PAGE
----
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A 20°F Difference Across Mission Bay

 

Image: NWS San Diego

San Diegans know their city is notorious for its microclimates. The combination of mountains, valleys, canyons and mesas that dot the surface are often responsible for these interesting weather patterns. In the Fall 2019, the National Weather Service (NWS) in San Diego picked up one of the most extreme head-scratching examples of a microclimate: a 20°F temperature difference from one side of Mission Bay to the other.

On October 24, 2019, the NWS recorded 71°F near Mission Blvd. while a monitoring station near Interstate 5 recorded 91°F, two locations less than 3 miles (4.5km) apart.

How could two locations within view of one another have such drastic temperature differences? Is this a location you would expect to find a microclimate? Why or why not?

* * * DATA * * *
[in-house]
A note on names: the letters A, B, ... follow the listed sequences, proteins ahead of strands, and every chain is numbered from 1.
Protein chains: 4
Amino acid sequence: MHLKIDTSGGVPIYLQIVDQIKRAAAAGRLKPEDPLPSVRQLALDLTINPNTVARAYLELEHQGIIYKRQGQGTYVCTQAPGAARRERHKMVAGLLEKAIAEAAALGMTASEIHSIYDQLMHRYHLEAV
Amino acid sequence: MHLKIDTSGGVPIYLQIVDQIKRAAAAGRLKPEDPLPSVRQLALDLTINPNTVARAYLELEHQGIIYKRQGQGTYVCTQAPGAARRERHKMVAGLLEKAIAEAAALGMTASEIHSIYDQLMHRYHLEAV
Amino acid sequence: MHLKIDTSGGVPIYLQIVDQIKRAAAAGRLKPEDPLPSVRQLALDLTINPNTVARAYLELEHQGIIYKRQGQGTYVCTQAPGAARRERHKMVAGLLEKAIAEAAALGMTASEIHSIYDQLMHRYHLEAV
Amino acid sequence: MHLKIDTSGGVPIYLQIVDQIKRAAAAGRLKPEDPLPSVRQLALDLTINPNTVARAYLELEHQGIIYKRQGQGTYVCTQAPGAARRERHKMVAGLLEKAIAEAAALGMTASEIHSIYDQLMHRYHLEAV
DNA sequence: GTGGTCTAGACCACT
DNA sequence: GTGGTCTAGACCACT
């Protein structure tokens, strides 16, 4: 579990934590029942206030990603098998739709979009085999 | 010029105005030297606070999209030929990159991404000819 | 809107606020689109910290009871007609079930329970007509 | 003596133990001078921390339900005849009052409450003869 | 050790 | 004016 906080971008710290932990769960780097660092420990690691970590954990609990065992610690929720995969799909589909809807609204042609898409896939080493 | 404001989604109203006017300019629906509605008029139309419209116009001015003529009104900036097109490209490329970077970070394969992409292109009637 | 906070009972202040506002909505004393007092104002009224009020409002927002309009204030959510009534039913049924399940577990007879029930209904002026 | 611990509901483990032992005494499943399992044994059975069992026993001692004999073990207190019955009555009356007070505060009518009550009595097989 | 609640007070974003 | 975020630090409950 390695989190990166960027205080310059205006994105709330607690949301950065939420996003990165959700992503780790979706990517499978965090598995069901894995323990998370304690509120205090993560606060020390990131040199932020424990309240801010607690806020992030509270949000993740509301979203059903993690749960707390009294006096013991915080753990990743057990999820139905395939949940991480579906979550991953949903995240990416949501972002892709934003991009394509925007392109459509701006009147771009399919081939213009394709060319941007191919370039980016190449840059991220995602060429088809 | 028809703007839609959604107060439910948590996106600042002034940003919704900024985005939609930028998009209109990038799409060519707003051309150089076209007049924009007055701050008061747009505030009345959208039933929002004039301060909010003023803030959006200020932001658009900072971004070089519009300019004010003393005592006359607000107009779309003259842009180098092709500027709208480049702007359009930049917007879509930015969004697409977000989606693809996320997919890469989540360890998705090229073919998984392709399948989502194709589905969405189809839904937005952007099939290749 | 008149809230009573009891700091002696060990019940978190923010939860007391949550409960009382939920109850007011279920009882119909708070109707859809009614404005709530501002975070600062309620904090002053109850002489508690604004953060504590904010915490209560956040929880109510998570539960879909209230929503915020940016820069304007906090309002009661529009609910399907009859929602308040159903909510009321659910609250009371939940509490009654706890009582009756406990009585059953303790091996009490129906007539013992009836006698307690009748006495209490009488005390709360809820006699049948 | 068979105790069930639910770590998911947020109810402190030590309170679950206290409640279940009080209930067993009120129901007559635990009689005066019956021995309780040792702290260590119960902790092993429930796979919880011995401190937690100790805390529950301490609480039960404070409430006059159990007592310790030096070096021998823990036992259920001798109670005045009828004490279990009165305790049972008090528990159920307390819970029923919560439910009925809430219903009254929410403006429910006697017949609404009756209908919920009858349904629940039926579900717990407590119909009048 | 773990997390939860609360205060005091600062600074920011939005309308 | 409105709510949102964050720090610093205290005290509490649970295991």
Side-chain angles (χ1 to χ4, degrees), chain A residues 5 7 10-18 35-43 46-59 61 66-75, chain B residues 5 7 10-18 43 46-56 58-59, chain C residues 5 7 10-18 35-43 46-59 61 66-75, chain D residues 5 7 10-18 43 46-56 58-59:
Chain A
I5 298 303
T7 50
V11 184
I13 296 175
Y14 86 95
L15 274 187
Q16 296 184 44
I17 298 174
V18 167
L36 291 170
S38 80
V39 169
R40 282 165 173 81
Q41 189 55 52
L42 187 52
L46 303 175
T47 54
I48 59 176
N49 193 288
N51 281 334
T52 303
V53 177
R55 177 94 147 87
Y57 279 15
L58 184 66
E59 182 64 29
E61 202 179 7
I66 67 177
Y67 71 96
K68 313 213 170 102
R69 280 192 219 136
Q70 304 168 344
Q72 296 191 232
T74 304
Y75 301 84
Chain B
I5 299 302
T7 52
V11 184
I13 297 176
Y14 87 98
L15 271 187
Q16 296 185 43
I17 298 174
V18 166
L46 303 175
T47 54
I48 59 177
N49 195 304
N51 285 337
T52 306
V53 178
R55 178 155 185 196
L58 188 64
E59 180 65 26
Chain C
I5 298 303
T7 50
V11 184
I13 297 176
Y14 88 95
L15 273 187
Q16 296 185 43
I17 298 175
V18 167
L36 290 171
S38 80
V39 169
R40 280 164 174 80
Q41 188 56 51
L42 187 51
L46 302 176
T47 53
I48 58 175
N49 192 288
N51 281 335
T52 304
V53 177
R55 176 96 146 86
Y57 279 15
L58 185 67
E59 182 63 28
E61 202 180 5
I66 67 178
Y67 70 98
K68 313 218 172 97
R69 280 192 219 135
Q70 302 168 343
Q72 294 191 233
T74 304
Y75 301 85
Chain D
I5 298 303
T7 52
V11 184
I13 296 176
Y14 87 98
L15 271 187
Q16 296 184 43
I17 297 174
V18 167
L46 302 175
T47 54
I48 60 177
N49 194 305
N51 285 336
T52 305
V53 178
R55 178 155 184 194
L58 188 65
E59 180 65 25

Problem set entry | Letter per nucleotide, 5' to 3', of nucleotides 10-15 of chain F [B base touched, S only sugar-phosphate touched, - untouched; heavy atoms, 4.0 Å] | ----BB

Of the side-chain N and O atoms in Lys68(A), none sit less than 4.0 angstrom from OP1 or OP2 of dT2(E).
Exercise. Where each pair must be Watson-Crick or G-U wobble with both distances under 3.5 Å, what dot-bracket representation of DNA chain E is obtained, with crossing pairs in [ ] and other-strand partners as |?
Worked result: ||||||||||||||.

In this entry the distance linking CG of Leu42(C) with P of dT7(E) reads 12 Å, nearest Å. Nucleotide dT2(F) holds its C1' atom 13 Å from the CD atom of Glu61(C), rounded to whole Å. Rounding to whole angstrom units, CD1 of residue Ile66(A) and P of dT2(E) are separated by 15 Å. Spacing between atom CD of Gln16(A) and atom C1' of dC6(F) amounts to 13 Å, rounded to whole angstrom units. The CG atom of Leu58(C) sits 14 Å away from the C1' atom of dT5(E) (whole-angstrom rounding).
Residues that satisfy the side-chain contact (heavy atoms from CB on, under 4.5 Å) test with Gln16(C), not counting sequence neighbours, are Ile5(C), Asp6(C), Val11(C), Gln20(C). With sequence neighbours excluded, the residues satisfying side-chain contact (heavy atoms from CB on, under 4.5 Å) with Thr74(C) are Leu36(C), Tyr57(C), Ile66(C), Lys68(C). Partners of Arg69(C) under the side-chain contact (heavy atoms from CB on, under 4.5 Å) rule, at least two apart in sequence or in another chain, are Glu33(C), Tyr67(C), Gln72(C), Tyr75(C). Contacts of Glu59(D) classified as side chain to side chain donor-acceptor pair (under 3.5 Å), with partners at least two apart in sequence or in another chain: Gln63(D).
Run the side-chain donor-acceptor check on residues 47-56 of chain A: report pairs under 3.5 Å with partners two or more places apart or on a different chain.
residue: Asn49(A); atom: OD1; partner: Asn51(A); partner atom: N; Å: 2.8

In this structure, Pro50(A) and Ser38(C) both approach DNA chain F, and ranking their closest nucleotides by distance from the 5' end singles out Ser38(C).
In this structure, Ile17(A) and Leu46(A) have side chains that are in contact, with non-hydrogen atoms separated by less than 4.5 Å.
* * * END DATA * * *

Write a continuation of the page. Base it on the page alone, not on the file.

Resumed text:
What questions can we ask to learn more about this phenomenon?

  • What is the average temperature difference of these two locations?
  • How does this October 24 instance differ from the average?
  • This phenomenon occurred during the fall. Did something similar ever happen during one of the other seasons?
  • What was happening over the ocean to the west? What was happening over the mountains to the east?
  • What happens when cold air meets warm air? What is happening weather-wise in the middle of Mission Bay?

 

Resources:

WaterNewsNetwork, San Diego’s Six CIMIS Climate Zones

Leonard Perry, University of Vermont: Microclimates: What Do They Mean To You?

 

NGSS & Grade

3-ESS2-1; 3-ESS2-2, ESS2.D: Weather and Climate

MS-ESS2-5, ESS2.D: Weather and Climate

Grade: 
3-5 ELM
6-8 MS
Discipline: 
Earth and Space Science